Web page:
Proposed housing development in Chino seen as a boon for the city

By on December 9, 2019

Chino Francis Estates calls for the construction of 39 houses, all single-story. Last month, the project’s developer persuaded the planning commission to increase the project’s density. The city council is expected to consider the project in January.

In January, the Chino City Council is expected to vote on a housing development proposed for an unincorporated parcel that the city is considering annexing.

Developer Borstein Enterprises wants to build 39 single-family homes on 13.3 acres at the northwest corner of Francis and Yorba avenues, said Loren Borstein president of the Los Angeles-based company.

That parcel, on the Chino border, was once a rabbit farm but now is an ideal site for moderate-sized, one-story homes on lots that can be maintained without much difficulty, Borstein said.

“It’s rare in today’s market that you find a housing development that is exclusively one-story houses on large lots, but that’s what we’re going to do here,” said Borstein, whose company is developing the project under the name Chino Francis Estates LLC. “We originally proposed to build some two-story homes, but there was opposition, and we responded to that.”

Borstein Enterprises has developed or financed approximately 150 housing tracts in Southern California since the company was founded in 1980. It bought the Chino land – a former dairy site that is part of the city’s renowned agricultural preserve – for an undisclosed sum in 2016 from multiple owners.

Original plans called for Chino Francis Estates to have 47 lots on 12 acres, with predominantly two-story homes.  But feedback from the neighborhood was that residents preferred single story homes..

Borstein Enterprises has spent much of the past three years negotiating with Chino residents and changed their site plan and product to accommodate all single story homes. 

Besides the shift to single-story houses only, the developer agreed to several other changes, including infrastructure improvements, wider streets, a 15,000-square-foot public park and a density rate – 3.25 units per acre – that is below more than 80 percent of Chino’s residentially zoned property. 

When the project reached the planning commission Nov. 19, it called for four and five-bedroom homes that would range from 2,280 square feet to 3,590 square feet, each with a three-car garage, according to the project’s website.

Chino Francis Estates will have an average lot size of just above 10,120 square feet. Construction is expected to start next summer, with first models available in the first quarter of 2021.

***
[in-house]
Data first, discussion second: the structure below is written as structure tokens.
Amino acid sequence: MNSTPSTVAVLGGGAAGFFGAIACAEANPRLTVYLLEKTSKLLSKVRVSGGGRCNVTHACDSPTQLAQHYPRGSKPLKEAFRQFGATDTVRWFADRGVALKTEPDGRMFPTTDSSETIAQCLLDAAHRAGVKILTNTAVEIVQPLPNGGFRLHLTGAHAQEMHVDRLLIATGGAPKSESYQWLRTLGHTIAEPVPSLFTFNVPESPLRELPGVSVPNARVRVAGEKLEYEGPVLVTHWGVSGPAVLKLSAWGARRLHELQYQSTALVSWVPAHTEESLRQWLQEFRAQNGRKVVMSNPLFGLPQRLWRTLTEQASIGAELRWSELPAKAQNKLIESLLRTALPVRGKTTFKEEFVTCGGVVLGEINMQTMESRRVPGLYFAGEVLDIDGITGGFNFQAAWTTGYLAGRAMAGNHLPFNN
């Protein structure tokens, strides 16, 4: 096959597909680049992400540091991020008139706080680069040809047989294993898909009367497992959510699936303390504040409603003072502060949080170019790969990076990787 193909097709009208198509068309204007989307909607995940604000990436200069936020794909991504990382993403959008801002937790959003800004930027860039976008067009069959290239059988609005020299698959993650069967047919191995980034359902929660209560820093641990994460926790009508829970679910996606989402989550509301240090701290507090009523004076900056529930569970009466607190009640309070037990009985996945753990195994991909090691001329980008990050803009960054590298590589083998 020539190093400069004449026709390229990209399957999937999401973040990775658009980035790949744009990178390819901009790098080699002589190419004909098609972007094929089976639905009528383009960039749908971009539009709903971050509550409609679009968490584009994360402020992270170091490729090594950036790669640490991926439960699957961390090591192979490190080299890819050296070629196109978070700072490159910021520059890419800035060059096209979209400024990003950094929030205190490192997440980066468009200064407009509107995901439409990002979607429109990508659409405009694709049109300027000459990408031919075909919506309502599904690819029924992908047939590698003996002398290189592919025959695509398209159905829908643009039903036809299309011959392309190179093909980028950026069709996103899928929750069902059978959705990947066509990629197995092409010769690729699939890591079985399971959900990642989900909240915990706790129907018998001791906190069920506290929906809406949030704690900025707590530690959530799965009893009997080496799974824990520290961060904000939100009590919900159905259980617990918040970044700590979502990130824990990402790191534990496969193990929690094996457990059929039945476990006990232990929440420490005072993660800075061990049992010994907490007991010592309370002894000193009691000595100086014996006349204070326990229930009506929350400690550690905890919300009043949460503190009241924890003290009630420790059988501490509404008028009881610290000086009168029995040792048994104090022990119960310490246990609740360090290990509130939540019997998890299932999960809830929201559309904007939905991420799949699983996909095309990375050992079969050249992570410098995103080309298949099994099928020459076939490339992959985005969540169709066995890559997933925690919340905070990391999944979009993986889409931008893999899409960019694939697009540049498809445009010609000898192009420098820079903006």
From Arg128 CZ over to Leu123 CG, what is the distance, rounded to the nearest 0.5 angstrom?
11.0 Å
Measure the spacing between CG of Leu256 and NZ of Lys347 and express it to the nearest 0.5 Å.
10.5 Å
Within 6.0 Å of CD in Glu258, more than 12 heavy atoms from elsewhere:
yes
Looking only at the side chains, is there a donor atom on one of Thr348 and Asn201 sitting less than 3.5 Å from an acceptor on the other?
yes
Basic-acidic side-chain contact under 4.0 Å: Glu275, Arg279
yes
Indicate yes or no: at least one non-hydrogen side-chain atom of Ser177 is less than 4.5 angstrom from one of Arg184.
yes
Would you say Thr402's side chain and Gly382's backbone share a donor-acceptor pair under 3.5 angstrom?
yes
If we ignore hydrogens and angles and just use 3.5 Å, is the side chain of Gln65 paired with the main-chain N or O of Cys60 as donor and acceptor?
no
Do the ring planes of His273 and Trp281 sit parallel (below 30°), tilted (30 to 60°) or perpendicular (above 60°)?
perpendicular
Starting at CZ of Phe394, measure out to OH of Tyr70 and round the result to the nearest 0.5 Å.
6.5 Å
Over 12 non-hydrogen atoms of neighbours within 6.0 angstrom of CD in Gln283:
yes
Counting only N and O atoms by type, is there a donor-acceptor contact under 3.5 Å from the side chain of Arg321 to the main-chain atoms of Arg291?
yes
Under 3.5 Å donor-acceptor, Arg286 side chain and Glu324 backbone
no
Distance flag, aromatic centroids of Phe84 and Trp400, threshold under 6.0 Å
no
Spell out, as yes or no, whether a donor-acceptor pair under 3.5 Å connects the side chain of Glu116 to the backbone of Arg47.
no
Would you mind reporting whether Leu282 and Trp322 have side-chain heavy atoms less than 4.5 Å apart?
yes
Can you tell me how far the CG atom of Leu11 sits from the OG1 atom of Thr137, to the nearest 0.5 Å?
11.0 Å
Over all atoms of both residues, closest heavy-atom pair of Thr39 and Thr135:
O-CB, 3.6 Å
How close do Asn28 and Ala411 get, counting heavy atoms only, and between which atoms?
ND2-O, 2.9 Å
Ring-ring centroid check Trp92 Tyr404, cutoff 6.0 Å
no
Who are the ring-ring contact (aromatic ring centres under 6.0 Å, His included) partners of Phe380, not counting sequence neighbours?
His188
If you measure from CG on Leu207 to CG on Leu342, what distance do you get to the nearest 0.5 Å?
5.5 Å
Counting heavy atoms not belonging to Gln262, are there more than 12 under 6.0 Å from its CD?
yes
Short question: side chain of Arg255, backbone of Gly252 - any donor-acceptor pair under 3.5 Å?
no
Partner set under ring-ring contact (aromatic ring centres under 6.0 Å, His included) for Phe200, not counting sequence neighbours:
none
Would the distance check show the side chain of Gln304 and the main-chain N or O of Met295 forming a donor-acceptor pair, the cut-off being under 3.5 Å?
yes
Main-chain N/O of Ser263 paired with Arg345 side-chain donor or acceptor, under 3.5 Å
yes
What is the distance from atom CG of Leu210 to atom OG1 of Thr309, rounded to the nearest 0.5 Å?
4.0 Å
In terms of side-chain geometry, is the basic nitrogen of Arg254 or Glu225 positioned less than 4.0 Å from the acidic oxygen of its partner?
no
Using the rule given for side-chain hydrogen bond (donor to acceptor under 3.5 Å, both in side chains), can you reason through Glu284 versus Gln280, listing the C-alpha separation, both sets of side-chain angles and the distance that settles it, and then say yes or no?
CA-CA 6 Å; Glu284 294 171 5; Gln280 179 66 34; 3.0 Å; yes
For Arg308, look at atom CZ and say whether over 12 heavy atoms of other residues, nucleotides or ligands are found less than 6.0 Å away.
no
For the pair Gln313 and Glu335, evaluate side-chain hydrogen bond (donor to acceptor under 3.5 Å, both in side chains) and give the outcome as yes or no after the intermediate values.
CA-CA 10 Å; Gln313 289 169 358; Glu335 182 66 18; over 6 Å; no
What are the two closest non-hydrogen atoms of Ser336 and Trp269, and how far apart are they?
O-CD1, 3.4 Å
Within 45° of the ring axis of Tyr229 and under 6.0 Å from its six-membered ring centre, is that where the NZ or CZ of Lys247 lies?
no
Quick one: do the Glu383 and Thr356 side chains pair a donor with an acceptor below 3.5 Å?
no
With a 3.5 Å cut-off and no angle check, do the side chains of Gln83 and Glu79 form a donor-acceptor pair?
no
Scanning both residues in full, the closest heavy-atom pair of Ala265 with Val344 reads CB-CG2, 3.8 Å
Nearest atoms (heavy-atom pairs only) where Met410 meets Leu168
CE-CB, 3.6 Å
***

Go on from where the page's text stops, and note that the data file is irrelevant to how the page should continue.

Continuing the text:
Prices will start in the mid-$700,000’s, Borstein said.

Planning commissioners voted 4-3 in favor of the project, following a sometimes contentious meeting attended by more than 100 people, including supporters and opponents of the proposed development, according to reports.

Commission members also recommended annexing the property, which is within Chino’s sphere of influence, and increasing the project’s density from two houses per acre to 3.2 houses per acre. This would be done by amending the city’s general plan, a change the city council must approve. 

If it does, “The Chino Francis Estates project will be less dense than eighty percent of residentially zoned property in the city and offer attainable price points for prospective buyers”  Borstein said.

 “At two houses per acre, the price goes to $1.2 or $1.3 million due to the cost of fixed infrastructure upgrades,” Borstein said. “Not many people can afford that. What we’re proposing is going to be a lot more affordable,easier to maintain, and still offer large lots.”

The Inland Empire and California are undergoing severe housing crises: Not enough houses are being built, especially housing that middle-class buyers can afford.

California needs to issue 200,000 to 250,000 housing permits per year in order to keep up with annual job growth of two percent, yet it’s only issuing approximately 130,000 permits a year, according to the UC Riverside School of Business Center for Economic Forecasting.

Given that situation, any housing that gets approved is good news, said Carlos Rodriguez, chief executive officer of the Baldy View chapter of the Building Industry Association of Southern California.

More cities should follow Chino’s example and work with developers to make sure houses that people can afford get built, Rodriguez said

“We now have the state telling [municipalities] that they have to issue a certain number of housing permits per year to keep up with demand, and those numbers will go up in the next few years,” Rodriguez said. “The burden on cities to build more houses is only going to get stronger”

When asked regarding the likelihood of passage by the City Council, , Borstein said ““We think the council will recognize this is a good project that will significantly improve the neighborhood in north Chino”  Borstein said. “The opposition to it was vocal, but it was a minority that was fed a lot of disinformation. The majority of city residents who really know the project support it.”

Chino Francis Estates